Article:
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Dr. Shu-Qing Yang
University of Wollongong, Australia
How to Supply Sufficient Good Quality Water to Coastal Communities by Coastal Reservoirs
Water is the essence of life and through water we experience the impact of climate change directly. The United Nations predict that 2/3rds of the world’s population will be under water stress conditions by 2025. The US National Academy of Engineering (NAE) lists clean water supply as one of 21st century’s Grand Challenges that must be addressed and solved for quality of life to be sustainable in the future. Apart from the natural scarcity of freshwater, the quality of the available freshwater is also deteriorating due to pollution, hence intensifying the shortage. Every day, 2 million tons of sewage and other effluents drain into the world’s waterways, six times more water than what exists in all the rivers of the world. Global water resources are grossly polluted by wastes to the point that vast stretches of rivers are dead/dying and many lakes are cesspools of waste. Aiming to this, many proposals have been proposed and practiced in the world like desalination plants, wastewater reuse facilities etc. However after review the limitations of these methods, we conclude that coastal reservoirs will dominate future’s water supply because: 1) We presently only use about 15% of the available water resources worldwide, the remaining 85% of water is lost to the sea and most of it is floodwater. As the climate warms, some types of extreme weather could become more frequent and severe, with increases in extreme heat, intense precipitation, and long-term drought. Heavy rains and flooding may become more frequent. Change in weather patterns and runoff will require very large storage capacity that only the sea can provide. 2) As more people migrate to the coastal areas for permanent settlement, the existing water supply infrastructures cannot match the future distribution of the population. As a result of these inhabitant changes, the coastal areas will bear the highest water stress. Many Asian countries/cities have experienced this change. For example, in China almost all coastal cities suffer severe water shortage. 3) Unlike conventional inland dams, coastal reservoirs collect runoff in a seawall contained area in the sea. Positioned at the end of a river mouth, it has the potential to capture all runoff from a watershed. Coastal reservoirs provide the greatest potential for runoff collection. This innovative water solution has avoided the environmental impacts experienced by inland dams, such as the negative effects of the reservoir’s downstream effluent, land inundation, and population displacement etc. Coastal reservoirs construction costs are much less than conventional damming and there are no energy costs and carbon emissions for desalination or treatment processes that desalination plants and wastewater treatment plants have. It is suggested that only the best quality floodwater is pre-treated by agricultural wetlands prior to its storage in the coastal reservoir, thus high quality water supply is ensured. The potential application of wetland + coastal reservoir to Shanghai’s water supply will be discussed, and the preliminary results show that Shanghai people can drink water as good as the spring bottled water.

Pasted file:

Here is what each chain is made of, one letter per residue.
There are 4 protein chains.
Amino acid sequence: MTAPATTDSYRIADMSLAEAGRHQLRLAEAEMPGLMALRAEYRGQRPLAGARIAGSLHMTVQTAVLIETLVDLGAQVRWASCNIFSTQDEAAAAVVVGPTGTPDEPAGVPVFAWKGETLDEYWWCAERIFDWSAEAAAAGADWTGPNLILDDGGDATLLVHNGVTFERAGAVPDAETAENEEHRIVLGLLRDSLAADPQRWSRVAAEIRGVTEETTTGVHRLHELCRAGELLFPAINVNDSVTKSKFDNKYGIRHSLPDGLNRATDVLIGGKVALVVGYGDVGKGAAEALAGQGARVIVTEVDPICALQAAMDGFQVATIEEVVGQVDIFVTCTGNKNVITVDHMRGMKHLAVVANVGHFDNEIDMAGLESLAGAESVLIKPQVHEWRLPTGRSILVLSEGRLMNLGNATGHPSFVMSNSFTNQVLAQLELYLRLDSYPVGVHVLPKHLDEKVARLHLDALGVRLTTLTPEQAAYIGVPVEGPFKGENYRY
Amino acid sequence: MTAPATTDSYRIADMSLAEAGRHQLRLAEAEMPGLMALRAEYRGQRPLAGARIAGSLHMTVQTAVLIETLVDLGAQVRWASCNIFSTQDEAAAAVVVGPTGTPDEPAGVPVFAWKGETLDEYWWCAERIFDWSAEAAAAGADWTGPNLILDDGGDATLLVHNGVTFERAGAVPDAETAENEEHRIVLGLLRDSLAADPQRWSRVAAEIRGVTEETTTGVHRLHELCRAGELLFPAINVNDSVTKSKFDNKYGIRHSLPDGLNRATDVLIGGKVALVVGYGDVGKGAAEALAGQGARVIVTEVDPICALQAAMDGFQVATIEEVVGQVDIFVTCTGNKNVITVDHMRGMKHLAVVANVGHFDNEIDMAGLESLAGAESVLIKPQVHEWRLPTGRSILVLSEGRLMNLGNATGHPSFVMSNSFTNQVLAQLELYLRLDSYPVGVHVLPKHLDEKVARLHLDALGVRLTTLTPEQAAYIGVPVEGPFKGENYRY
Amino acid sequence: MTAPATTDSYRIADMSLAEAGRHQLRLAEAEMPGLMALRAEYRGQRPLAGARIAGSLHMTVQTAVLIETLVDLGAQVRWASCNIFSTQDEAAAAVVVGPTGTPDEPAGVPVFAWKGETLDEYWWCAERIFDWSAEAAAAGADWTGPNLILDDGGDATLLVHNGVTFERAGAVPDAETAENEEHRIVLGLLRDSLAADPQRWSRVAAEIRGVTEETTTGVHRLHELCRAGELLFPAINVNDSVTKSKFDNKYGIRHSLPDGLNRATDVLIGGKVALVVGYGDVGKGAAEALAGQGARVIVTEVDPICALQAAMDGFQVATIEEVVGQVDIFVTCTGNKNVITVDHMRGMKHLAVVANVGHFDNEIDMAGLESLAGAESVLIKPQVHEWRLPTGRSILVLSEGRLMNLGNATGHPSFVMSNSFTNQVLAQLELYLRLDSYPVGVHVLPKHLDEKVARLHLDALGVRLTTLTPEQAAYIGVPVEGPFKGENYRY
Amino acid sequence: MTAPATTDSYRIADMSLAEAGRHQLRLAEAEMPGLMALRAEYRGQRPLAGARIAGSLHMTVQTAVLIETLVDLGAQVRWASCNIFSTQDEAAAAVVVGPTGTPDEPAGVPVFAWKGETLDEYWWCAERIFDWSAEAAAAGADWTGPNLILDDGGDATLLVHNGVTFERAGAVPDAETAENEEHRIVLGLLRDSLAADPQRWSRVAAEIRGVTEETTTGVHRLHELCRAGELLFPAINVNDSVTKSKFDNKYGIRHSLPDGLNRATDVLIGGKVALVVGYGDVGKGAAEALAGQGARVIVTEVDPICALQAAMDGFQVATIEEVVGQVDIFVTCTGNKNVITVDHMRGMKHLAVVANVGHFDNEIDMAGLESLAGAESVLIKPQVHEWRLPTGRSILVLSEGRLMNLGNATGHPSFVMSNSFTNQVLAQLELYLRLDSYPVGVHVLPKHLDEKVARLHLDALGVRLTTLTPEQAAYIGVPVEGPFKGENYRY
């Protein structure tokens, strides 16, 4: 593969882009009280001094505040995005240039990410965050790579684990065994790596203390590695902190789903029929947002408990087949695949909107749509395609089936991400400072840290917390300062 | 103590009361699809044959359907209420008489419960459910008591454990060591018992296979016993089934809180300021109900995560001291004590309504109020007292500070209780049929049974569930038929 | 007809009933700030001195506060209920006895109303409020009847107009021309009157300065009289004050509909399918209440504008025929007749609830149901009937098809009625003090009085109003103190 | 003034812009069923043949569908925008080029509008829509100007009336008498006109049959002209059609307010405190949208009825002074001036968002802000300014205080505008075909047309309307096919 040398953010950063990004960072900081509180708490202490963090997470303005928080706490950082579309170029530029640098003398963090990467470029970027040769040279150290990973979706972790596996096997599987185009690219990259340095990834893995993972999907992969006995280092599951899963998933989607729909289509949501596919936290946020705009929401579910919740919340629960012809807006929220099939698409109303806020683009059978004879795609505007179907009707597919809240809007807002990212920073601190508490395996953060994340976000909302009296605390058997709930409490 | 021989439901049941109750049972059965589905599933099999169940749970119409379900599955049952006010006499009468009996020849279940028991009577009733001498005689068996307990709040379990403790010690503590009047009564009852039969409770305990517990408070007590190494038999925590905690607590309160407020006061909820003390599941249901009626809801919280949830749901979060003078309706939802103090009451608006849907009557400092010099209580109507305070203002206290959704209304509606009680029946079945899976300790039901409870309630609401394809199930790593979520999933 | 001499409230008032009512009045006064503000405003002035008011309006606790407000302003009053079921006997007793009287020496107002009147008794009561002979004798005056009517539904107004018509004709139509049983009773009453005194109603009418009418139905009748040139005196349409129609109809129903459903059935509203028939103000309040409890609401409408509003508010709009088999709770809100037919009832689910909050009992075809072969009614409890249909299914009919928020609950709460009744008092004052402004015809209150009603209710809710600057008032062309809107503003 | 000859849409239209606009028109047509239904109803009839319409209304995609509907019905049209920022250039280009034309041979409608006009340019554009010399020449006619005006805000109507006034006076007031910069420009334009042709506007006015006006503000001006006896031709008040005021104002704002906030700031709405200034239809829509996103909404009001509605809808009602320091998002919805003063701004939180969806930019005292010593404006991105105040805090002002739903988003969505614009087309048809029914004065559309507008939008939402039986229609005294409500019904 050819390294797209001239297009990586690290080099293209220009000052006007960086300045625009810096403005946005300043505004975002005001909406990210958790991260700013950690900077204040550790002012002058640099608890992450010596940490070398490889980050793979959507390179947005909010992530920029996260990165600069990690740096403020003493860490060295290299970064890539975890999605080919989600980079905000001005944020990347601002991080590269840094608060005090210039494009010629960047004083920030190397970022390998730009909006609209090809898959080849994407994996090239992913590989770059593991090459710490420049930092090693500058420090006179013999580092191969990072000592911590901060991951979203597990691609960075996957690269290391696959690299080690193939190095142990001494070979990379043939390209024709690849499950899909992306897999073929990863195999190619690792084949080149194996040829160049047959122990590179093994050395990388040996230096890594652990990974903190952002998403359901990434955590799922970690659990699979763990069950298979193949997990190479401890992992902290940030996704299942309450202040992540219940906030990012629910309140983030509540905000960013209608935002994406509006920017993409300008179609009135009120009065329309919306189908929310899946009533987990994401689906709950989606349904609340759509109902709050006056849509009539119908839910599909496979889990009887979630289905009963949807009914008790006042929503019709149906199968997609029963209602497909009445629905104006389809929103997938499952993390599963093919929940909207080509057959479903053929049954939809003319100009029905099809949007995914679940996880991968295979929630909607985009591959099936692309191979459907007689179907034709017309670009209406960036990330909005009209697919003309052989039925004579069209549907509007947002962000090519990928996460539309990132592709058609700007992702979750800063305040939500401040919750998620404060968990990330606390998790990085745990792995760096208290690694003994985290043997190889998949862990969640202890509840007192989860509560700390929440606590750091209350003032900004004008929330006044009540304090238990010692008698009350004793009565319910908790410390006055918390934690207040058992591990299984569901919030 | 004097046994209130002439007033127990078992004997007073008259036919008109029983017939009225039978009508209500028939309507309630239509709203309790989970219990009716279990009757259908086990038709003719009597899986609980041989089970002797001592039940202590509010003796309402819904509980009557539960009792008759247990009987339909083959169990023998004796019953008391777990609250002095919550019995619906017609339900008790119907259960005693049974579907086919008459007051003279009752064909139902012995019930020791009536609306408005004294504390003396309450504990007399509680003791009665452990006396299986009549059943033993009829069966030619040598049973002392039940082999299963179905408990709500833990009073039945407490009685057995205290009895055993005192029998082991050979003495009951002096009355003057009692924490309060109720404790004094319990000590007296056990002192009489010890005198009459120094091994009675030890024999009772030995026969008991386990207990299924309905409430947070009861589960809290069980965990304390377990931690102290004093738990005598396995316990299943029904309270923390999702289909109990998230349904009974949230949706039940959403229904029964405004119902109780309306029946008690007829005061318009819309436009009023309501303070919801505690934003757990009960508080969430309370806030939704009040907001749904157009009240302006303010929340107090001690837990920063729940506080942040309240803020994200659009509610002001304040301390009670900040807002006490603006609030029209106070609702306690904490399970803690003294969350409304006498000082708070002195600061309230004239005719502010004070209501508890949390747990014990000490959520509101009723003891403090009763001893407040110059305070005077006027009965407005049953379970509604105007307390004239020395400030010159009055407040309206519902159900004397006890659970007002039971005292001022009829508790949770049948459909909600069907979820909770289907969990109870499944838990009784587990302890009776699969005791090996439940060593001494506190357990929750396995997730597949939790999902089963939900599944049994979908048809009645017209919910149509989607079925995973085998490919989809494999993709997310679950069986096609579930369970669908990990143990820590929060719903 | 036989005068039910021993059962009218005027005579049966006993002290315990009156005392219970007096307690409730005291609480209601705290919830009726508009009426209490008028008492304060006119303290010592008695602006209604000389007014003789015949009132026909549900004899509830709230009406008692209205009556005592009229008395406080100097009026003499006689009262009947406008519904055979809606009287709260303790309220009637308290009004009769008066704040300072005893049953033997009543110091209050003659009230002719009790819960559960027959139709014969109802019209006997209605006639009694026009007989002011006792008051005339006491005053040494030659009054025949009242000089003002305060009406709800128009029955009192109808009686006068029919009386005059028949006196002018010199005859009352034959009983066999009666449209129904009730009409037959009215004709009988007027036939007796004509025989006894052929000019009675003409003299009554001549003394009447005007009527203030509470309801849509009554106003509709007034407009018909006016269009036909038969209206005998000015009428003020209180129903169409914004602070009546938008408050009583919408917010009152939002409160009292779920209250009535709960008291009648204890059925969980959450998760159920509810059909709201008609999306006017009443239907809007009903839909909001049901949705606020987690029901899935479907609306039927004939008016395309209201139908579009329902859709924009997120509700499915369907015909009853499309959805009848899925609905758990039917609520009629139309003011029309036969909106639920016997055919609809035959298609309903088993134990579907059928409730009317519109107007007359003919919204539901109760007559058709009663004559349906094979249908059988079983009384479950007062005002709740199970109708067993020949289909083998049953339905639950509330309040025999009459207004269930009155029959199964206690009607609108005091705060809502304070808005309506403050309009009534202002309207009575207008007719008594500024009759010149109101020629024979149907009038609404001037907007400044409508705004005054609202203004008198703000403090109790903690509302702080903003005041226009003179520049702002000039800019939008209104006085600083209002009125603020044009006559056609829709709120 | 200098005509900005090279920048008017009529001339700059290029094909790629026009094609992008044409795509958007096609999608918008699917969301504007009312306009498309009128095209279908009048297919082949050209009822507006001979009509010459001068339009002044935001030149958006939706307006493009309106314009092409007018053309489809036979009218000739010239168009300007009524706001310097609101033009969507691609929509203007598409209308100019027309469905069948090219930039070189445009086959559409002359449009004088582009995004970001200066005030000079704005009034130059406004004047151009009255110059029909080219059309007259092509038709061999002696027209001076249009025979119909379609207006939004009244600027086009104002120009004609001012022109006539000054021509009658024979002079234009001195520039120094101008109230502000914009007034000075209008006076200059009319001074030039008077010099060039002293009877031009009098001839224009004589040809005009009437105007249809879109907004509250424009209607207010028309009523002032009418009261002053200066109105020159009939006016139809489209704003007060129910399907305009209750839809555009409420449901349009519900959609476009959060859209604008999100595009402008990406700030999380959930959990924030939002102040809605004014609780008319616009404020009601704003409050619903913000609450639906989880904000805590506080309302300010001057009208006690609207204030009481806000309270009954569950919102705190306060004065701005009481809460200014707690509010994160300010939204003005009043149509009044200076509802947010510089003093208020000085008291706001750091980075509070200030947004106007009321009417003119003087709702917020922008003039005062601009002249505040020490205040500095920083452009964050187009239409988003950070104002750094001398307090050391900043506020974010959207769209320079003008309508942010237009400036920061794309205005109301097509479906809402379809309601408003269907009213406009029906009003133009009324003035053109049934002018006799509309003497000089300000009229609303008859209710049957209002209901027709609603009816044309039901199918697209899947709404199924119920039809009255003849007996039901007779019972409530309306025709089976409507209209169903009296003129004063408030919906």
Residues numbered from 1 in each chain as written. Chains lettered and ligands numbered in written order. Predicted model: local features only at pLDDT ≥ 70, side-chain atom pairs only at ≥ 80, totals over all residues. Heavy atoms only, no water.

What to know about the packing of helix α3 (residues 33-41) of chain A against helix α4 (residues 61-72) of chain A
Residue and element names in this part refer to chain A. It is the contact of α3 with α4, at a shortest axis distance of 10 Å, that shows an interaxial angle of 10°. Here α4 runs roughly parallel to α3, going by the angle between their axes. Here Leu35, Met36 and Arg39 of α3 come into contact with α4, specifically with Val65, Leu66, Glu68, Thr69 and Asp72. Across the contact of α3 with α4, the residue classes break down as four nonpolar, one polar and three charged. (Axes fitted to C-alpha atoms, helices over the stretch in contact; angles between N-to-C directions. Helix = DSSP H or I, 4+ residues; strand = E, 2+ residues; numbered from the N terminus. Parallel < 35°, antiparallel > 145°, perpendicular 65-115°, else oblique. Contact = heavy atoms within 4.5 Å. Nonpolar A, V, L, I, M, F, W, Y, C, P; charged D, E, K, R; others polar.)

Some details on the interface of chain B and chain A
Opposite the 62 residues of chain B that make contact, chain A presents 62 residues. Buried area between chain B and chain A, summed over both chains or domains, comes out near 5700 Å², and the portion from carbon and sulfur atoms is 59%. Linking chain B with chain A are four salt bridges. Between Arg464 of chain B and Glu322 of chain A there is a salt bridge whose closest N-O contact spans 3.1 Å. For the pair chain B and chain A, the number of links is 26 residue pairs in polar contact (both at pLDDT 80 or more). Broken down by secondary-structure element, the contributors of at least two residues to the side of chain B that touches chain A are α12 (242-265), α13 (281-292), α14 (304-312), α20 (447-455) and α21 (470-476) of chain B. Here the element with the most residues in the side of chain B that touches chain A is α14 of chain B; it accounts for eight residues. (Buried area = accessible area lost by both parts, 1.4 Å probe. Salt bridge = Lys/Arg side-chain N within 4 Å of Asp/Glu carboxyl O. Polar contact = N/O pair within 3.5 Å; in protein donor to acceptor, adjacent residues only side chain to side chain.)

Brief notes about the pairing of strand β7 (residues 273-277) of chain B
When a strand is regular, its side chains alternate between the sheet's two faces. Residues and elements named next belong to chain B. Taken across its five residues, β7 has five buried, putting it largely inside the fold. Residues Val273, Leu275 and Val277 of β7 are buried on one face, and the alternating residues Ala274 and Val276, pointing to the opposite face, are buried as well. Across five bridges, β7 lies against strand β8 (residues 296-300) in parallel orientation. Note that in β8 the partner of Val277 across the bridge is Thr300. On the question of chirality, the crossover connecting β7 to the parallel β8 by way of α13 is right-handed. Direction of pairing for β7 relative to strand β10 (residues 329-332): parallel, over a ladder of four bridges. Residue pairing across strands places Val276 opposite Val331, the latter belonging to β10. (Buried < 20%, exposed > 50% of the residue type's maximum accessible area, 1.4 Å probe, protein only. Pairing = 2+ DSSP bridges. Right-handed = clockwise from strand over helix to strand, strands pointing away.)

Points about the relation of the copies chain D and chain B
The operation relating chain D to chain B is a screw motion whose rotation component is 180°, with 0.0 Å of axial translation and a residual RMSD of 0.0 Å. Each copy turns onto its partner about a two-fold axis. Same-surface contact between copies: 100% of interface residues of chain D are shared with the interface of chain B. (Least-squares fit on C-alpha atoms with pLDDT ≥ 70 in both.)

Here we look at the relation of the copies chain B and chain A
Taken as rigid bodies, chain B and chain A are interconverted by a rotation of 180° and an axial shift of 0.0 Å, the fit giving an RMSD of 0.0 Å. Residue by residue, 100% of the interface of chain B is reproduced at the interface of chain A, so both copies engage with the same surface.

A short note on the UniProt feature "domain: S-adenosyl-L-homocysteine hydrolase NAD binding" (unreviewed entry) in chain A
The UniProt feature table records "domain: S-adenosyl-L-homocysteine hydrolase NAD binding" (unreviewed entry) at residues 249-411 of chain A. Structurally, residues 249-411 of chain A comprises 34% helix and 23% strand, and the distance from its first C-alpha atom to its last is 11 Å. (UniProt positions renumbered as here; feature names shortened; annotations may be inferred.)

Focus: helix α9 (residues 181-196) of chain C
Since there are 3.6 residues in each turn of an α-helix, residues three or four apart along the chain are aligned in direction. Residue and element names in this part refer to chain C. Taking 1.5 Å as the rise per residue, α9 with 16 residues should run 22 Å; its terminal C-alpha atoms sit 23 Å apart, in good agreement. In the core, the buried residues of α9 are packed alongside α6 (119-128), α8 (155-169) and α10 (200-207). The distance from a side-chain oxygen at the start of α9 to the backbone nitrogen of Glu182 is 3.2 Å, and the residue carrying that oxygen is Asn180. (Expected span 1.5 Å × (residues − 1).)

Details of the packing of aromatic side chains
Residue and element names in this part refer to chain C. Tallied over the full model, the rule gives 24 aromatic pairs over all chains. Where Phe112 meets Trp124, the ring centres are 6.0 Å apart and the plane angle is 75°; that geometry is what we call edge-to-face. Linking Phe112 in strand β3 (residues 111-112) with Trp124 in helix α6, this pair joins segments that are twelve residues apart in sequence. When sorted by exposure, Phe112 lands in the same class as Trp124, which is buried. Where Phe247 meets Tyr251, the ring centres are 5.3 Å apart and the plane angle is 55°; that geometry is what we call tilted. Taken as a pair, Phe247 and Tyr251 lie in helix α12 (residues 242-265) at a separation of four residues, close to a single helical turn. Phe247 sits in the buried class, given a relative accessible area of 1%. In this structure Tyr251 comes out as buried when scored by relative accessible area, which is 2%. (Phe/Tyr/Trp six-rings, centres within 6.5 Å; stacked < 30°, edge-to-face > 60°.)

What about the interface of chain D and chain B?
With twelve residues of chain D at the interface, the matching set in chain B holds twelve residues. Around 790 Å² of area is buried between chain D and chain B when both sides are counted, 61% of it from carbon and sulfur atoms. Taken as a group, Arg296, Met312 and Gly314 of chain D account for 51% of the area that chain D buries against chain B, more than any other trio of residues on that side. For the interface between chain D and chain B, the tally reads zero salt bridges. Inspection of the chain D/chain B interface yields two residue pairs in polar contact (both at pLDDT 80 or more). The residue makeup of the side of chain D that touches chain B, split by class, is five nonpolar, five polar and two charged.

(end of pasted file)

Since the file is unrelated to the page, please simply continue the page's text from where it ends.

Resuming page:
Shu-Qing Yang is a Assoc. Professor at the school of Civil, Mining and Environmental Engineering of University of Wollongong, Australia. Previously, he was a chair professor at Tianjin University, South China University of Technology, China and a professor at Korea Maritime University, South Korea, Principle Research Scientist at MAaritime Research Centre of Nanyang Technological University, Singapore. He holds a Master and a PhD degree in Water Resources and Environmental Engineering from Nanjing Hydraulic Research Institute and Nanyang Technological University, respectively. He has published more than 150 papers in journals, books and conference proceedings, including more than 50 papers in journals indexed in the Web of Science – Journal Citation Reports such as J. Fluid Mechanics, Physics of Fluids, J. of Hydraulic Engineering, J. Hydraulic Research, Water Resources Research, J. Geophysical Research etc. He has also granted 6 patents including coastal reservoirs that can pump freshwater from the sea without desalination processes. He won three prestigious awards, one of the best paper award was issued by IAHR-APD, the other one by American Society of Civil Engineers (ASCE), and one by National People's Congress of China. He has participated in the scientific committee of several conferences and associations and serves as a reviewer in a wide range of international journals. Currently, he is interested on sediment transport, turbulence, drag reduction by polymer additives, water resources engineering, etc.
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